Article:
“Looking back, 2015 was when my dad passed away and I knew I wanted to take some time off. It was a tough year obviously and I needed a break because I wasn’t fully invested that year,” Forde said.

“But now four years has passed and I have some ideas of what I wanted to do was run a five-guard offence.

“I wouldn’t coach anywhere but East Perth because they gave me my start and with them moving to a new home and with the young guys they had available, with the buzz that was around the club, I thought it was the perfect opportunity to experiment with what I wanted to do.

“It has exceeded my expectations with how well the kids are responding and Colin Driscoll has been a huge support. I’ve had to be away at times because of my other commitments and he has a wealth of knowledge.

“He is connected with Thomas Abercrombie, Jarrod Kenny and other New Zealand talent who at one point he’s influenced. He complements me and I couldn’t ask for a better person by my side.”

ADAM Forde has returned to coach East Perth having tasted great success at the Perth Wildcats, but it’s one of their great NBL rivals that he would like the Eagles to model their game style on in 2019.

Forde coached East Perth to its championship triumph in 2014 but it was during a challenging 2015 that he decided he needed a break from coaching in the SBL and it came just as he was being embraced in a full-time assistant coaching role at the Wildcats.

Forde has been with the ‘Cats for the championships of 2014, 2016, 2017 and 2019 but he was at a point coming into this SBL season that he thought it was time to coach a team in his own right again as he ponders his full-time future.

But if it was staying in Western Australia, it was only ever going to be East Perth that Forde coached as he took over the helm at the Eagles and actually walked into a playing group that was crying out for some greater direction.

What Forde wanted to do was consolidate as much of the playing squad as he could which is why Andrej Donlagic, Jermaine Malie, Aiden Murphy, Kieran Berry, Ned Seery and captain Drew Williamson are all back on board.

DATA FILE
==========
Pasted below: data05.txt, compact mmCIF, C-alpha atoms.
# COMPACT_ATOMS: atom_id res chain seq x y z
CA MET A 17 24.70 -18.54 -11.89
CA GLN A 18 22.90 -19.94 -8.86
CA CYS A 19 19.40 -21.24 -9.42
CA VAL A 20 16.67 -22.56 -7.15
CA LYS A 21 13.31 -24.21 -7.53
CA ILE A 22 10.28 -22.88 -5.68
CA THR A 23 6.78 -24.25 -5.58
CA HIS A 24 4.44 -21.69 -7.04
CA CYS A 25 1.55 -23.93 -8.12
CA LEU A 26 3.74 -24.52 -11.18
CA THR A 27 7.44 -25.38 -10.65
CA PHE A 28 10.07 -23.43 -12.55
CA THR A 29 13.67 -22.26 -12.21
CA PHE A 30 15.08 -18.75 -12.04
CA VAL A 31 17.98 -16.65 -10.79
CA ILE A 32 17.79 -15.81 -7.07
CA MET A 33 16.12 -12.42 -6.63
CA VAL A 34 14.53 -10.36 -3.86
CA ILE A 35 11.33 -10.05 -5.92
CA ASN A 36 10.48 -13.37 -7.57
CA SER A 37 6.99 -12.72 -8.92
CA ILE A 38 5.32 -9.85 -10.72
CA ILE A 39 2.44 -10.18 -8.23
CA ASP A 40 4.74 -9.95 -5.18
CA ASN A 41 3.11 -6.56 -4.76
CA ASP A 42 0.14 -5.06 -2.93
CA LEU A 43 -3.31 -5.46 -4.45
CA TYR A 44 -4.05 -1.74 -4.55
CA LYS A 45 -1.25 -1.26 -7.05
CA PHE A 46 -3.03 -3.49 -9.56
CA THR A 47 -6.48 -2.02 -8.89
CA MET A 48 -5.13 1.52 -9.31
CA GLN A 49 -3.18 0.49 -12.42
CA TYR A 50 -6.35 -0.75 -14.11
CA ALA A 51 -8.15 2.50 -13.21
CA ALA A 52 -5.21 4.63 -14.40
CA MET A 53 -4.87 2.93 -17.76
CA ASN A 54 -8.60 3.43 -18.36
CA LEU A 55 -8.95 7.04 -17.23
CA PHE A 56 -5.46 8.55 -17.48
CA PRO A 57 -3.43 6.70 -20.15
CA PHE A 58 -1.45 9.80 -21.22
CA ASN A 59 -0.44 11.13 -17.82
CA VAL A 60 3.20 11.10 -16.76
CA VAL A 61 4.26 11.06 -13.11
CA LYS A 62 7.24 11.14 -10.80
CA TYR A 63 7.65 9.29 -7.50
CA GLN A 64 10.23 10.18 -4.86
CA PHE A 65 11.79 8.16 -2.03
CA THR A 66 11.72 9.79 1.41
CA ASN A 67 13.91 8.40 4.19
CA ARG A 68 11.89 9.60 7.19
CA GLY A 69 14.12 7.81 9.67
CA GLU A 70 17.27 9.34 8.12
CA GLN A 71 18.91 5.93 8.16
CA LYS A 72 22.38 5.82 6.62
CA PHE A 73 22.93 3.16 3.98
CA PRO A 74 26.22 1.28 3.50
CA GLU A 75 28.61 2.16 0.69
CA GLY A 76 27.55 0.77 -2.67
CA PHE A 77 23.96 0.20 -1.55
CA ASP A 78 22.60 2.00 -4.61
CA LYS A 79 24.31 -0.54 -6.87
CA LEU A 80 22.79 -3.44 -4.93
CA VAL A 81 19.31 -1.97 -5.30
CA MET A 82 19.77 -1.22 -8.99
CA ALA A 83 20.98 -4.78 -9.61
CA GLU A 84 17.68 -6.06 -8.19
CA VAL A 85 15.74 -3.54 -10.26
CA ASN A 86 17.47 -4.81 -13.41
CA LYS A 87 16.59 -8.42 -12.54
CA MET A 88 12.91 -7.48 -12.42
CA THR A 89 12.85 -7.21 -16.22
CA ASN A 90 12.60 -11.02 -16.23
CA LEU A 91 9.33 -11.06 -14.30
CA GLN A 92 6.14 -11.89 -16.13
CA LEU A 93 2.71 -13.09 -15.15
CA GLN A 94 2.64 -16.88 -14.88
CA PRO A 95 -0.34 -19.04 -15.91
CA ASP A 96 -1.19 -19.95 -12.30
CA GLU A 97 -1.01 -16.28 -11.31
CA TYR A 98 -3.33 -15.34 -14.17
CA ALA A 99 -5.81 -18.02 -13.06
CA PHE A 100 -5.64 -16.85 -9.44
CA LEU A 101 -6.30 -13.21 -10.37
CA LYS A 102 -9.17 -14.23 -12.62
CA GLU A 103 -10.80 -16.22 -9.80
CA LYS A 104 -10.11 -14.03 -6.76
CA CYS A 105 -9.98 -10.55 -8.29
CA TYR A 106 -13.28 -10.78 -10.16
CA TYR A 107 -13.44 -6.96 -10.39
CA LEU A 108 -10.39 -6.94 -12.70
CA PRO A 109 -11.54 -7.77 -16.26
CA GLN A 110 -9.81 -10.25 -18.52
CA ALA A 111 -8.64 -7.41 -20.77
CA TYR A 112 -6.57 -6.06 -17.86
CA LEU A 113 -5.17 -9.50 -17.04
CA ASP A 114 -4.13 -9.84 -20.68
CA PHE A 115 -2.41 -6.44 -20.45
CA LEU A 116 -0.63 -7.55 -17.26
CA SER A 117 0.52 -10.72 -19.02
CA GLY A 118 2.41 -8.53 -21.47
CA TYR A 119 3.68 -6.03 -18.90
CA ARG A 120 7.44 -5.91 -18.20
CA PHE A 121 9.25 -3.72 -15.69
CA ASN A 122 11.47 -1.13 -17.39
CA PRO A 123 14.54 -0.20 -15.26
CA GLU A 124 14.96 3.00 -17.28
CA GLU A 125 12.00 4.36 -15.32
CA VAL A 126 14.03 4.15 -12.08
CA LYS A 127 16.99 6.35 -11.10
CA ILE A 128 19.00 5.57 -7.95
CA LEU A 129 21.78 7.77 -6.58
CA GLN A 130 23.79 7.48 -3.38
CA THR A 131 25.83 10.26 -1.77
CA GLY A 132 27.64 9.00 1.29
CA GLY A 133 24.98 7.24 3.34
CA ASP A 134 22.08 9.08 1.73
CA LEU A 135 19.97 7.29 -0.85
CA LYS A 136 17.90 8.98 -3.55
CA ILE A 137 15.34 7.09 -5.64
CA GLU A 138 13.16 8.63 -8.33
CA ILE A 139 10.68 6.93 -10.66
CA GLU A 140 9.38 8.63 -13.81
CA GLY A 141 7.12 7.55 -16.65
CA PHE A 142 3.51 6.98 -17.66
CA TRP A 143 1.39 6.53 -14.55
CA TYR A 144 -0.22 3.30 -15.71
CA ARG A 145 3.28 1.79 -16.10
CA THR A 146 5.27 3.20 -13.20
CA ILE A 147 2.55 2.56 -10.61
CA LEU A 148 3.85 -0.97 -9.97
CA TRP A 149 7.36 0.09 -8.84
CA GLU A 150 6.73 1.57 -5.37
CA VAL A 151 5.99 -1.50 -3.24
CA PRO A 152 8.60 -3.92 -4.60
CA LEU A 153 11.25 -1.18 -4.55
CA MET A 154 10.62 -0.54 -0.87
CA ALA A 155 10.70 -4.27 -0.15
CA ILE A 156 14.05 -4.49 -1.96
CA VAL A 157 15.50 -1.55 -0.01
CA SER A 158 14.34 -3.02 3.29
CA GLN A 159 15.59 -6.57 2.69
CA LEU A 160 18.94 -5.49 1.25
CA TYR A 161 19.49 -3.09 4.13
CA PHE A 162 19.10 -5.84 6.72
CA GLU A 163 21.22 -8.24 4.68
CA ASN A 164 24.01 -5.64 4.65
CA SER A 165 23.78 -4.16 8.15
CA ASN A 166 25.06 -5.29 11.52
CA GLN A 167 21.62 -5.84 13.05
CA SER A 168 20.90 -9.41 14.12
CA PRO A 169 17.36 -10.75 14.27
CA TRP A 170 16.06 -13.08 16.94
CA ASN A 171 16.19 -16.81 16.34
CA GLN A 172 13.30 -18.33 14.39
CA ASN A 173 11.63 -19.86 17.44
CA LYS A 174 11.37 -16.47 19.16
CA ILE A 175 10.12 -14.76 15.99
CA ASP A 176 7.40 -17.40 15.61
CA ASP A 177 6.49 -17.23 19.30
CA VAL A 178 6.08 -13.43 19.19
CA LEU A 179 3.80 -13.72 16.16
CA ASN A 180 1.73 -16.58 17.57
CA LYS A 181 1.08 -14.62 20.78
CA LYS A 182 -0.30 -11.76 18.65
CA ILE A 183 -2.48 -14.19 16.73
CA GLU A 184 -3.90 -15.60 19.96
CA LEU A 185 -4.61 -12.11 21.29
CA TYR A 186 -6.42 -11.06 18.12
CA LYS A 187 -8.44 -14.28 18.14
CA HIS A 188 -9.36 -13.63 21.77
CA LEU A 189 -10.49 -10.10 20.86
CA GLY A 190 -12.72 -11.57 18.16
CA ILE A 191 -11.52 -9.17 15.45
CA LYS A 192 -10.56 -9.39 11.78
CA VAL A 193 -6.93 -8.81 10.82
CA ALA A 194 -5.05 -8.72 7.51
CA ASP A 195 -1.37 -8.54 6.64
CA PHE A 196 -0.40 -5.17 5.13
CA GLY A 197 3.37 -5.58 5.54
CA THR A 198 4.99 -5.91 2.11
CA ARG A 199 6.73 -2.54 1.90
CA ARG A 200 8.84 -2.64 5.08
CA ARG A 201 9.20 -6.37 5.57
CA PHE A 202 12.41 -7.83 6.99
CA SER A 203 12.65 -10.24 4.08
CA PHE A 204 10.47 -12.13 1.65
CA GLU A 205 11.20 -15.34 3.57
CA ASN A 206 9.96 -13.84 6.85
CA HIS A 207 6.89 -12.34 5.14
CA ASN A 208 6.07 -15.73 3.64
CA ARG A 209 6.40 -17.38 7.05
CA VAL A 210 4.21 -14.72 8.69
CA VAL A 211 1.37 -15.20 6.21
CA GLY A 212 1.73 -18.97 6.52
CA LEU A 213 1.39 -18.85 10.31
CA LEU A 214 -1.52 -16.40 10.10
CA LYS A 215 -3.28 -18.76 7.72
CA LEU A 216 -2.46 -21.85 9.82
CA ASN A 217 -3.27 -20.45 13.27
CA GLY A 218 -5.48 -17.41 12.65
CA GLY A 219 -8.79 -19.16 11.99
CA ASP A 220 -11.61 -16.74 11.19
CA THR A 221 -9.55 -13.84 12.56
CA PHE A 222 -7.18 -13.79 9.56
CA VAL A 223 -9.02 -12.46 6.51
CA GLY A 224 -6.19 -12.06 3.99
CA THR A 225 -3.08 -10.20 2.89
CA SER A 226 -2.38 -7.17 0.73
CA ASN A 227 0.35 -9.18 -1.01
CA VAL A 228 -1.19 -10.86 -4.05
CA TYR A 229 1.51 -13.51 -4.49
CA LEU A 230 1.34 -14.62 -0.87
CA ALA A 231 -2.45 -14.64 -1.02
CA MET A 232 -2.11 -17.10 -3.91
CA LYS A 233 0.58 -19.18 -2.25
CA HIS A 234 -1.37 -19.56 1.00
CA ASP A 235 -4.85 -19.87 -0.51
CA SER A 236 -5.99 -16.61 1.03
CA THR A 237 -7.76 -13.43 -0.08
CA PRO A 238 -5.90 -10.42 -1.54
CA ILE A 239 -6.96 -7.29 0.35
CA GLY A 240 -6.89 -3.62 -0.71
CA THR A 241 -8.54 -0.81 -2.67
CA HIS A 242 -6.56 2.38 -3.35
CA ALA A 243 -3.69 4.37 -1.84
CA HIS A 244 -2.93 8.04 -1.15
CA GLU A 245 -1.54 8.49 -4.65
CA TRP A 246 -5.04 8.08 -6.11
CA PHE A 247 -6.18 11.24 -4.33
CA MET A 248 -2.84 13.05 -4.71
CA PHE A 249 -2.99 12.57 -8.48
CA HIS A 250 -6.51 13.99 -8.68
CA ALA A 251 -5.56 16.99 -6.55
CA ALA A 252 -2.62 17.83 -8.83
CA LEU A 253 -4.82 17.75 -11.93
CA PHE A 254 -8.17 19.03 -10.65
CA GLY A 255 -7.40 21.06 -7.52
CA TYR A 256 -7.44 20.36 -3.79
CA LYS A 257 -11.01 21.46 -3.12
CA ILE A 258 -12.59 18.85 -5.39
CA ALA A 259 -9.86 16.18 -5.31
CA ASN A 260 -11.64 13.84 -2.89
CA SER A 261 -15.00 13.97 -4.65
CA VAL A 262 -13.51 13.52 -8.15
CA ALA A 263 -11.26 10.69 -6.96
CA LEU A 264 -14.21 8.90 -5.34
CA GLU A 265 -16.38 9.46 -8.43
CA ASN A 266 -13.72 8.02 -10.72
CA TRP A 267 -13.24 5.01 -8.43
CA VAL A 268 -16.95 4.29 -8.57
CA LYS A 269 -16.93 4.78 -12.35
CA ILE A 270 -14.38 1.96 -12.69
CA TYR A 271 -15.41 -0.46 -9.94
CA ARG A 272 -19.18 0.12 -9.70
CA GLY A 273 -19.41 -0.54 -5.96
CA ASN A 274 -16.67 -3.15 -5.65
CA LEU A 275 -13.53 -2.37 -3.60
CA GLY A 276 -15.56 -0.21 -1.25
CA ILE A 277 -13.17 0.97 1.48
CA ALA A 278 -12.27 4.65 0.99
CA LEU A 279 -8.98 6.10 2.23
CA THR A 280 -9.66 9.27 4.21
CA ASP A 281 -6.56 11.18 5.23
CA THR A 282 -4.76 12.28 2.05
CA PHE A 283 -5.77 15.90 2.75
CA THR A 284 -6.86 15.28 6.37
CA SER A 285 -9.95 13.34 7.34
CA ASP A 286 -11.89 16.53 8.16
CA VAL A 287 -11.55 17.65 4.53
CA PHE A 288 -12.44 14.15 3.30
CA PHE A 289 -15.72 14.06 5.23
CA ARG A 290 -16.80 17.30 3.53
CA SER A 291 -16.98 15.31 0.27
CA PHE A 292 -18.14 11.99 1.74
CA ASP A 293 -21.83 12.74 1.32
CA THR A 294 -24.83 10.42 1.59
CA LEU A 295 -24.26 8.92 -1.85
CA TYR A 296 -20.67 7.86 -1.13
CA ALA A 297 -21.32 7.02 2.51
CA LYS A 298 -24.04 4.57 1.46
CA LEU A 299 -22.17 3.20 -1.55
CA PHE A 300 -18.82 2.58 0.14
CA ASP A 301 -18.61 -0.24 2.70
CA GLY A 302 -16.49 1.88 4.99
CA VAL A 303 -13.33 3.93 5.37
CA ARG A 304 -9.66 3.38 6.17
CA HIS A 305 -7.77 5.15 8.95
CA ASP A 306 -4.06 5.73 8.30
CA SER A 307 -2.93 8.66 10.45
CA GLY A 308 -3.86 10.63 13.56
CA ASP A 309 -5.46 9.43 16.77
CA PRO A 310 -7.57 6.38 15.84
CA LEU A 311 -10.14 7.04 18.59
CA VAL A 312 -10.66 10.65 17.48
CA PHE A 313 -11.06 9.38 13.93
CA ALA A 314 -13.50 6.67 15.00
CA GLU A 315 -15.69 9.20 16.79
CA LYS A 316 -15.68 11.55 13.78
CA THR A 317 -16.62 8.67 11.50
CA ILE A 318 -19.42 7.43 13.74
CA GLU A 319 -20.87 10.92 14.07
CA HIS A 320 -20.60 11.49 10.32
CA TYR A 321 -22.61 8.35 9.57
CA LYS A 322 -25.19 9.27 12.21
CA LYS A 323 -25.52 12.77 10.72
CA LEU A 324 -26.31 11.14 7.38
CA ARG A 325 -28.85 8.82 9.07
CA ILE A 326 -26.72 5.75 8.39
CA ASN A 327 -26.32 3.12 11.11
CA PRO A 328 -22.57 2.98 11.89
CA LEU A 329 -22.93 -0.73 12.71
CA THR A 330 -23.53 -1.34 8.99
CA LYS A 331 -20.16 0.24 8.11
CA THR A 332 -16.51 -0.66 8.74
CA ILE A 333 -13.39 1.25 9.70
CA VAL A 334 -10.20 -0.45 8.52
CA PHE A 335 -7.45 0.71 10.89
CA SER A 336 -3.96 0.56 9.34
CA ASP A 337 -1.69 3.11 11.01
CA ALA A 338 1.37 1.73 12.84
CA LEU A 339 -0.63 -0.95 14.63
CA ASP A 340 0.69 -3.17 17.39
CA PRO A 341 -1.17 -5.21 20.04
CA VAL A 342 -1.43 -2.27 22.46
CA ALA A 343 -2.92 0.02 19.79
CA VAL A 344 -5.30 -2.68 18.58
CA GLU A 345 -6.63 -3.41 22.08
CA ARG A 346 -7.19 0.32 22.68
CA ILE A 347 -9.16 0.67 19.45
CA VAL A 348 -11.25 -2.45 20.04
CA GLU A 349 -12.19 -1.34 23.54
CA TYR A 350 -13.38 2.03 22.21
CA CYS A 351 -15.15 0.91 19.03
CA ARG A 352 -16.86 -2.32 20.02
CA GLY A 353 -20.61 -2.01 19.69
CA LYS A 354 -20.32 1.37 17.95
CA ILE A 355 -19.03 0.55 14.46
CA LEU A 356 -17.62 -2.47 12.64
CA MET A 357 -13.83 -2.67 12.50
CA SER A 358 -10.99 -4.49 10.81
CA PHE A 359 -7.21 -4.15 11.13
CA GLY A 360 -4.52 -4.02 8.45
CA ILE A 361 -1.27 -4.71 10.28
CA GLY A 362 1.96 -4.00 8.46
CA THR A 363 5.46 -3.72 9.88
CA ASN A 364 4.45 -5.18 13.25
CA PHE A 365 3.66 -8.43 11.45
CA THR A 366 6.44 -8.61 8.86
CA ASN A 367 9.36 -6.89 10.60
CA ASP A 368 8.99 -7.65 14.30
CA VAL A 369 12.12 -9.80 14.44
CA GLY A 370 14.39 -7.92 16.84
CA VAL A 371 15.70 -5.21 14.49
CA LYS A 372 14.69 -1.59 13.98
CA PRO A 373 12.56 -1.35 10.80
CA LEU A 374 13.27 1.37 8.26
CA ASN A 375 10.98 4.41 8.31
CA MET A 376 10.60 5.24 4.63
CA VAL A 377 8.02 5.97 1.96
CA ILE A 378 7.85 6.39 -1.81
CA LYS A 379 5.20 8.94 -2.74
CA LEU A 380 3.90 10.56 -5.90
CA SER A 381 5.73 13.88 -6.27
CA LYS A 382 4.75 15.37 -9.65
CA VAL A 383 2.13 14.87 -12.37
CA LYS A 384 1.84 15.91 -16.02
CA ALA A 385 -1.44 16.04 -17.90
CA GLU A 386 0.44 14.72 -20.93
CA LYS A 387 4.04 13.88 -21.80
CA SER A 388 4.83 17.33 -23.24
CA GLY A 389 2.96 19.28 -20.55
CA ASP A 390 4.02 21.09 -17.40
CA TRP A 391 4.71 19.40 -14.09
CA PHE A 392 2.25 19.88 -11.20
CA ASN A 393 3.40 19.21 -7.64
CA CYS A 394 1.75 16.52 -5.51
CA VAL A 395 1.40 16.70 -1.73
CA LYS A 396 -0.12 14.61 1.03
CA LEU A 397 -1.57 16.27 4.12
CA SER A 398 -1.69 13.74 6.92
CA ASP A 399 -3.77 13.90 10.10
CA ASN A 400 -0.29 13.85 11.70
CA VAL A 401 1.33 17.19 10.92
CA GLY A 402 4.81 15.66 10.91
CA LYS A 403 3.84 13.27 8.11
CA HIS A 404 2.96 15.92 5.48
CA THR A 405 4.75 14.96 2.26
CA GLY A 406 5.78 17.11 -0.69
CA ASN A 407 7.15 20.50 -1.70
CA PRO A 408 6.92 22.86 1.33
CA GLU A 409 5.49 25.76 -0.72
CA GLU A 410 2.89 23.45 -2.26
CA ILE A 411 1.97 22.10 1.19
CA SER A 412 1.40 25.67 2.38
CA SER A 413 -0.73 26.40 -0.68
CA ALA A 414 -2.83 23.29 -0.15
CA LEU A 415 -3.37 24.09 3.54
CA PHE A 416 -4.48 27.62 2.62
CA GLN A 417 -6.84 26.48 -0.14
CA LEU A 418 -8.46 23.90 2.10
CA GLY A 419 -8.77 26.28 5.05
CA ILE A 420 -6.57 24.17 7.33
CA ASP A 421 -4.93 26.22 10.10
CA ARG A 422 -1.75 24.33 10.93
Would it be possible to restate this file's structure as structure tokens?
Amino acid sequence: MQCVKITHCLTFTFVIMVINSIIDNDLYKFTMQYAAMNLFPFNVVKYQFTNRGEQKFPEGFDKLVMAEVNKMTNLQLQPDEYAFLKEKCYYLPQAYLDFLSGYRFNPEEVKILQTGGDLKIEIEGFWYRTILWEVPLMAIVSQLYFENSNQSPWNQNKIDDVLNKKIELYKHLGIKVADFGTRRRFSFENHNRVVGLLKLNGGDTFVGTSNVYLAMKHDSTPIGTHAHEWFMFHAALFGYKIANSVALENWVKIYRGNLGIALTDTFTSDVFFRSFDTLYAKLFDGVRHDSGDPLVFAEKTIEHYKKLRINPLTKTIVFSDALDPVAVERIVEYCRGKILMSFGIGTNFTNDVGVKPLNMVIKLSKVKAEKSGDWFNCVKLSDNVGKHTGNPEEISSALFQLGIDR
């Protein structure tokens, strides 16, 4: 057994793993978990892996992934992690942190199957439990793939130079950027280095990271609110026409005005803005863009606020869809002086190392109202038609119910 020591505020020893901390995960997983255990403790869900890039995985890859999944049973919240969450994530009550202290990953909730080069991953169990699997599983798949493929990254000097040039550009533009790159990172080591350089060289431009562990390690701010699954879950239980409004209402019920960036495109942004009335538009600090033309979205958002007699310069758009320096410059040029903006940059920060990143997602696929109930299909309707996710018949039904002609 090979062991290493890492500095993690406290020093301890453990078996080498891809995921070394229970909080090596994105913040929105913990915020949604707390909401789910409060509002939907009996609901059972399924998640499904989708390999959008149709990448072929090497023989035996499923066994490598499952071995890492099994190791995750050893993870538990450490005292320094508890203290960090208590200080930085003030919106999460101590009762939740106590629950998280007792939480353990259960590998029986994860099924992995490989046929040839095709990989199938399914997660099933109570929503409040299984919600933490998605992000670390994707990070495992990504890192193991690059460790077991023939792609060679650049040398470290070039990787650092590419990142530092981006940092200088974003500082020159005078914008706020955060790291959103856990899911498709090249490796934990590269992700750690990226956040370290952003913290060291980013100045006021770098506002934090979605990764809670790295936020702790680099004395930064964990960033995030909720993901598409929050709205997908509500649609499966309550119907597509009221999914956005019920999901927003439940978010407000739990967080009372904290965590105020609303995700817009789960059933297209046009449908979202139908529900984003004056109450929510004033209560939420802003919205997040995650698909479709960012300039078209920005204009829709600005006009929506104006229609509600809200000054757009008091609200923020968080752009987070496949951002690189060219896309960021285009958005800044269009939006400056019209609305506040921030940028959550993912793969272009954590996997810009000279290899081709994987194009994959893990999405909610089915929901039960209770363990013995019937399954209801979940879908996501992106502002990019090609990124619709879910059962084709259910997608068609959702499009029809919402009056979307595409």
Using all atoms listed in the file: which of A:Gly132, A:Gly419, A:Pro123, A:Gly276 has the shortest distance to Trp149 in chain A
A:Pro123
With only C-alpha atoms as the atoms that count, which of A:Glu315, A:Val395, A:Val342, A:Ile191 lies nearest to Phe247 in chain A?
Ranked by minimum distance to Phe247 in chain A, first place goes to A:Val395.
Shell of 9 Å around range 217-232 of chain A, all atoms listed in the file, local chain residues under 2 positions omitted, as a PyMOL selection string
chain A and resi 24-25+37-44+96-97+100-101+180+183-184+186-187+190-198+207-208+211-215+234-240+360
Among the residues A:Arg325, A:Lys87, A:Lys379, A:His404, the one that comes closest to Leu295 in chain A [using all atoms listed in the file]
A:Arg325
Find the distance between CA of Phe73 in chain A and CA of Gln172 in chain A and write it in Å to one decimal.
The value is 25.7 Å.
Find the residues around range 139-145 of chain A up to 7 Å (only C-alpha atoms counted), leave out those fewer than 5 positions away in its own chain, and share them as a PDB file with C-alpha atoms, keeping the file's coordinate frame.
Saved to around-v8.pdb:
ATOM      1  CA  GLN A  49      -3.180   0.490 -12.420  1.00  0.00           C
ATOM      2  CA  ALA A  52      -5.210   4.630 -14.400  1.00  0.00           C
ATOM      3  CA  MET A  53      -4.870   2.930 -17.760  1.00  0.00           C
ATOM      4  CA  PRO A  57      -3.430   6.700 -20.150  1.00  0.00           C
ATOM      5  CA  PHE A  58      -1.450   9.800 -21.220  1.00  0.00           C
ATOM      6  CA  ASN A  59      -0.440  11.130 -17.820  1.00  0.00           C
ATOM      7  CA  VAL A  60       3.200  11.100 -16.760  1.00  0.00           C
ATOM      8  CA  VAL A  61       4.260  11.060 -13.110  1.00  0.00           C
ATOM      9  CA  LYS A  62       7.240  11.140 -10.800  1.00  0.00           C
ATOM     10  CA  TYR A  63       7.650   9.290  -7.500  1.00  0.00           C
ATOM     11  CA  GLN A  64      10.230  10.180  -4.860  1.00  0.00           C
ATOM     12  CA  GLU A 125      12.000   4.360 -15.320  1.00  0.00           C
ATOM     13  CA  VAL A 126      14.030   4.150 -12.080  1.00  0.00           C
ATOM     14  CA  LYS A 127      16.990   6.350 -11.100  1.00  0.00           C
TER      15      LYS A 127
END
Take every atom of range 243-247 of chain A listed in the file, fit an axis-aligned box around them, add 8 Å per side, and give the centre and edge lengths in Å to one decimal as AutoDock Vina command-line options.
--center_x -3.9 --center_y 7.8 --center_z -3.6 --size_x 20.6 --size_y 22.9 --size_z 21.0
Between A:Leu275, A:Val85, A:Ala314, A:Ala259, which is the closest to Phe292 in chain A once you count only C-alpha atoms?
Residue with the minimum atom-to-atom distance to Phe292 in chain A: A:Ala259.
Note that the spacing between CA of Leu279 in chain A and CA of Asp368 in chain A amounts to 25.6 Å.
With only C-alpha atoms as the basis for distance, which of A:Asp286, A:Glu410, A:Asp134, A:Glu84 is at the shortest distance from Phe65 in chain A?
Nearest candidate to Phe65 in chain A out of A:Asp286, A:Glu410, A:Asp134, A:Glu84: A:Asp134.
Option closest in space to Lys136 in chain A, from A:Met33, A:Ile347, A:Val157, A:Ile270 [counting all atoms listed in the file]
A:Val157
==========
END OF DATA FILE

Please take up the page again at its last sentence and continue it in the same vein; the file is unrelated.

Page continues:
With that knowledge, Forde brought in the talent he thought could top that group off and he saw plenty in Jordan Wellstead and Matthew Leary to recruit them from the Wolves and Slammers respectively on top of import pair Cameron Williams and the yet-to-arrive Vinnie Zollo.

While happy with the squad he has together, what Forde believes has changed in his coaching the most is the way he wants his teams to play.

They had their distinctive style that won the 2014 championship but that was based on their personnel time.

Now having coaching against Joey Wright’s high-tempo, ram it down your throat style at the Adelaide 36ers in the NBL, that’s precisely how Forde would like to see his Eagles develop into playing like.

“What has changed most in my philosophy is the style of play I want to play. I was very spoilt when I was first in the SBL and had Tom Jervis at the centre and Joe-Alan running the point so everything was half-court with screens and working off the ball,” Forde said.

“The biggest transition now is that I want to play like Adelaide. Joey’s team at the Adelaide 36ers is the perfect blueprint of how I see us playing and I want them to score 100 points night after night.

“The main part that’s changed is that philosophy and how I go about coaching, and I think I do a better job of time management and catering my practices to work with that.”